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Saturday, September 26, 2020

Probe officer is also complainant, Delhi Police pulled up by court

Sameer did not lead any evidence in his case but told the court that the IO, Inspector Kishore Pandey, falsely implicated him at the behest of a moneylender from the area.

Written by Anand Mohan J | New Delhi | Updated: September 12, 2020 8:42:17 am
penal rent, Chandigarh penal rent case, Punjab penal rent case, penal rent case, Punjab and Haryana High Court, India news, Indian ExpressA Bench of Justice Anupinder Singh Grewal has scheduled the hearing of the matter for November 26, 2020.

A Delhi court has pulled up the Delhi Police over a fake currency notes recovery case after observing that the main complainant and the investigating officer are the same, the seized currency notes were sent for examination after a year’s delay, and the raiding team made contradictory statements on the vehicles used to conduct the raid.

The observations were made by Additional Sessions Judge Sonu Agnihotri on Thursday in a judgment acquitting the accused, Sameer, who was facing trial for possession of fake currency notes.

Sameer was arrested by a team of Delhi Police from Najafgarh area in 2008, allegedly with Rs 65,000 in fake currency notes. He did not lead any evidence in his case but told the court that the IO, Inspector Kishore Pandey, falsely implicated him at the behest of a moneylender from the area.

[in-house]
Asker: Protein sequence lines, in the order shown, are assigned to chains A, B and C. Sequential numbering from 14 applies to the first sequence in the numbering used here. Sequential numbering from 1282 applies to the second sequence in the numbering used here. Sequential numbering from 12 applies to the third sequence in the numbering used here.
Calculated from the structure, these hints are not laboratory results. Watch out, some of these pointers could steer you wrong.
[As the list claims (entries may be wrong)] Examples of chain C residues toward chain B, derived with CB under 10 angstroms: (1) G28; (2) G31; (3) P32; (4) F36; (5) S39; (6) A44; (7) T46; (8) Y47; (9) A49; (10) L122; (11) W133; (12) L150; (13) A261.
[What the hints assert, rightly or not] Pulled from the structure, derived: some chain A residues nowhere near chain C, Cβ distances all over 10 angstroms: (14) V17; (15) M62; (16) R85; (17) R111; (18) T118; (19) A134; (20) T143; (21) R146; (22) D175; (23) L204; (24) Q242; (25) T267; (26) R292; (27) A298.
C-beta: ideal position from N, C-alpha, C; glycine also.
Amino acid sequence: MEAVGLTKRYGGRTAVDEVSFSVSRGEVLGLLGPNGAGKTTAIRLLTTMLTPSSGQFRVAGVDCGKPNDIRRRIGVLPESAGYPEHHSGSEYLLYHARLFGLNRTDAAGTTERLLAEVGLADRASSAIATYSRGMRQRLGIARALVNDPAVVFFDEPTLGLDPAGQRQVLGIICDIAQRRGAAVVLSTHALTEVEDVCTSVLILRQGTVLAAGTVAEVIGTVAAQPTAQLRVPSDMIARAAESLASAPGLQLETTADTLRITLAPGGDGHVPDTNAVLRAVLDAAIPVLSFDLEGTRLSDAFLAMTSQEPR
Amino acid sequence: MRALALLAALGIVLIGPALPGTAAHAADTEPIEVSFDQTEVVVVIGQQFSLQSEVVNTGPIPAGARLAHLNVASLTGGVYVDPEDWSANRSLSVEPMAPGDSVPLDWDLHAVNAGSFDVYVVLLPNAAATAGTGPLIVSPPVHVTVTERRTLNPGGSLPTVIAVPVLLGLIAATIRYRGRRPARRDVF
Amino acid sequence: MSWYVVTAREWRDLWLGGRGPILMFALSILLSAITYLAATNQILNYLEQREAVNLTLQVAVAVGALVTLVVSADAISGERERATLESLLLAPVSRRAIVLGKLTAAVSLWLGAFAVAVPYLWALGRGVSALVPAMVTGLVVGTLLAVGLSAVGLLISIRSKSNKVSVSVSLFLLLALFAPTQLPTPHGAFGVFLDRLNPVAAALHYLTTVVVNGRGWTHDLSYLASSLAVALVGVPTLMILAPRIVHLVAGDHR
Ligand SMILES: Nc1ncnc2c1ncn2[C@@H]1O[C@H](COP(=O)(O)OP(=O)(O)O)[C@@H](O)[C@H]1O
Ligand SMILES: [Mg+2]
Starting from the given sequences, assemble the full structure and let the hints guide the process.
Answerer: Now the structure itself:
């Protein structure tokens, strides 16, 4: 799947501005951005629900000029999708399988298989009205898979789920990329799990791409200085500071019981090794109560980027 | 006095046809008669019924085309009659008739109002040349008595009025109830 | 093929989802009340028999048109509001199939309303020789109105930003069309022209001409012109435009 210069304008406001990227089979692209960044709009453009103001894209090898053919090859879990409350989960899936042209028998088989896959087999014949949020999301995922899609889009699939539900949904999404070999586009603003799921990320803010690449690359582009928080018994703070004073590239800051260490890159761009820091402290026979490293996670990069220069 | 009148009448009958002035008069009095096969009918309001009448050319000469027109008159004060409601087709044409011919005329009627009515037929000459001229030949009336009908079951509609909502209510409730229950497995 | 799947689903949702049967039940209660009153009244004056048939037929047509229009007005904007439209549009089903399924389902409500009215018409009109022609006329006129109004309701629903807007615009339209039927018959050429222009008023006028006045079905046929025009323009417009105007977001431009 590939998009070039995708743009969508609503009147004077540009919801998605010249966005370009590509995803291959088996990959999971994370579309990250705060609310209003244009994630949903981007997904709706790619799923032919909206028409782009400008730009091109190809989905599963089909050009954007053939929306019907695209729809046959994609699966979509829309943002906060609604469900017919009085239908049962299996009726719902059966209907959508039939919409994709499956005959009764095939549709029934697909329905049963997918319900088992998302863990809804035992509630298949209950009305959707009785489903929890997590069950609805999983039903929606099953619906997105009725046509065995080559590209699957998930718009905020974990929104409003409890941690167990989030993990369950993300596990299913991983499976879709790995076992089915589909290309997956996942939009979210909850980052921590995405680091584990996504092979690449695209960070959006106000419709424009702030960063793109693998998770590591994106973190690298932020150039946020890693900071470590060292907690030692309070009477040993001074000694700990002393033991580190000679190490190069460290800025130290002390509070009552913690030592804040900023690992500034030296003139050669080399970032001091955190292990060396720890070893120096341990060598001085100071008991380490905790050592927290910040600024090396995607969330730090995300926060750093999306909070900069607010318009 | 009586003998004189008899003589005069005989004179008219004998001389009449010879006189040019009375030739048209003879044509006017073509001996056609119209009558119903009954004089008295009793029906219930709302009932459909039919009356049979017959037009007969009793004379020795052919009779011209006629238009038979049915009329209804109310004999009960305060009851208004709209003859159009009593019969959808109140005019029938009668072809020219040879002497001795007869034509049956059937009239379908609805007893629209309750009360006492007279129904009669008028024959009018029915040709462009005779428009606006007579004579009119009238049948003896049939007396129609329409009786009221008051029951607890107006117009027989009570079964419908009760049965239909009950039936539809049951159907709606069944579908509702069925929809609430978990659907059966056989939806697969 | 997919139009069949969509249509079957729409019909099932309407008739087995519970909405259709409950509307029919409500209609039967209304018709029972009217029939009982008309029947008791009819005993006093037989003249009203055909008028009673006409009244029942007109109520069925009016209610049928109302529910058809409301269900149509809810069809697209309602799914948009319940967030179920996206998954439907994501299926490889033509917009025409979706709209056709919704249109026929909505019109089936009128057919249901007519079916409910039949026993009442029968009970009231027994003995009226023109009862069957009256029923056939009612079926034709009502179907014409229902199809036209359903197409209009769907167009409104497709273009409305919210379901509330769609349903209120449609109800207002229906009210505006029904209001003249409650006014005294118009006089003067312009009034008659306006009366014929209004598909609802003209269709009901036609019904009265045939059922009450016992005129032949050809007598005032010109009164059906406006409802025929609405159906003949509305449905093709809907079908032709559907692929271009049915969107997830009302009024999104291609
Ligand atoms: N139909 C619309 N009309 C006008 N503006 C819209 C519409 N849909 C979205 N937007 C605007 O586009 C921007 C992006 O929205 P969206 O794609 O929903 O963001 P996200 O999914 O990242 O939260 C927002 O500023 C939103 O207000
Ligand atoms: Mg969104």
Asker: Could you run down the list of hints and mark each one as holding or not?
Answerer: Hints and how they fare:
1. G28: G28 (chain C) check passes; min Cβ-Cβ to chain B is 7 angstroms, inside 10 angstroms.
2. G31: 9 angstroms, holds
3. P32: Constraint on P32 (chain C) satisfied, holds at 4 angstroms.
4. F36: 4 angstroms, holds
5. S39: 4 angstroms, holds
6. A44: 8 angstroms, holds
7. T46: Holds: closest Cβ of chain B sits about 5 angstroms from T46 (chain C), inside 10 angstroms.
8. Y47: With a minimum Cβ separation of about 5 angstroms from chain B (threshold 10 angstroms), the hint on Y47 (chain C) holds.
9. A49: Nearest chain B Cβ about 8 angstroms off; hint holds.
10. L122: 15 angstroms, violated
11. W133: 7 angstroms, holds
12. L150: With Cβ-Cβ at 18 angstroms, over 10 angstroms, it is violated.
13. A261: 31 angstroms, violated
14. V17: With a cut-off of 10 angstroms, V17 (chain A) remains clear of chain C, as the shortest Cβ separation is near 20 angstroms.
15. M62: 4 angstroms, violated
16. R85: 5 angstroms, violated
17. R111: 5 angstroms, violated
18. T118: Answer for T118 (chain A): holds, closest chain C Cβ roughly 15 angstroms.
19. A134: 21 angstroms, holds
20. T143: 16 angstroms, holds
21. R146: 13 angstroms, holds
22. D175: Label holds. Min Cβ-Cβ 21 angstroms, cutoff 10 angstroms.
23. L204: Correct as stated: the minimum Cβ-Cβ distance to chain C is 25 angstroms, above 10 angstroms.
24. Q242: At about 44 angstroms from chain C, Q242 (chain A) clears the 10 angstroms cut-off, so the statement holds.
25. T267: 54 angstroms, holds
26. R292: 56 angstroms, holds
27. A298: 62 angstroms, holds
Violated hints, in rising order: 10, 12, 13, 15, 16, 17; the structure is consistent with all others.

The court said the most important aspect of the matter was that the “complainant in the present case is the Investigating Officer of the case, which is not desirable”.

“There was no compulsion with police authorities to continue prosecution witness 5 (IO) after registration of FIR… but his continuation as IO has reduced credibility of prosecution case,” the court said.

Furthermore, since the IO did not fill an FSL form as per standard procedure, the court said, “Non filling of FSL form by IO either at the spot or thereafter makes prosecution version doubtful and false implication of accused cannot be ruled out.”

The IO was also pulled up after it noted that he did not note down serial numbers of the recovered notes in his seizure memo.

The court granted benefit of doubt to the accused after noting that “recovery in the present case from accused is doubtful and tampering of case property cannot be ruled out”.

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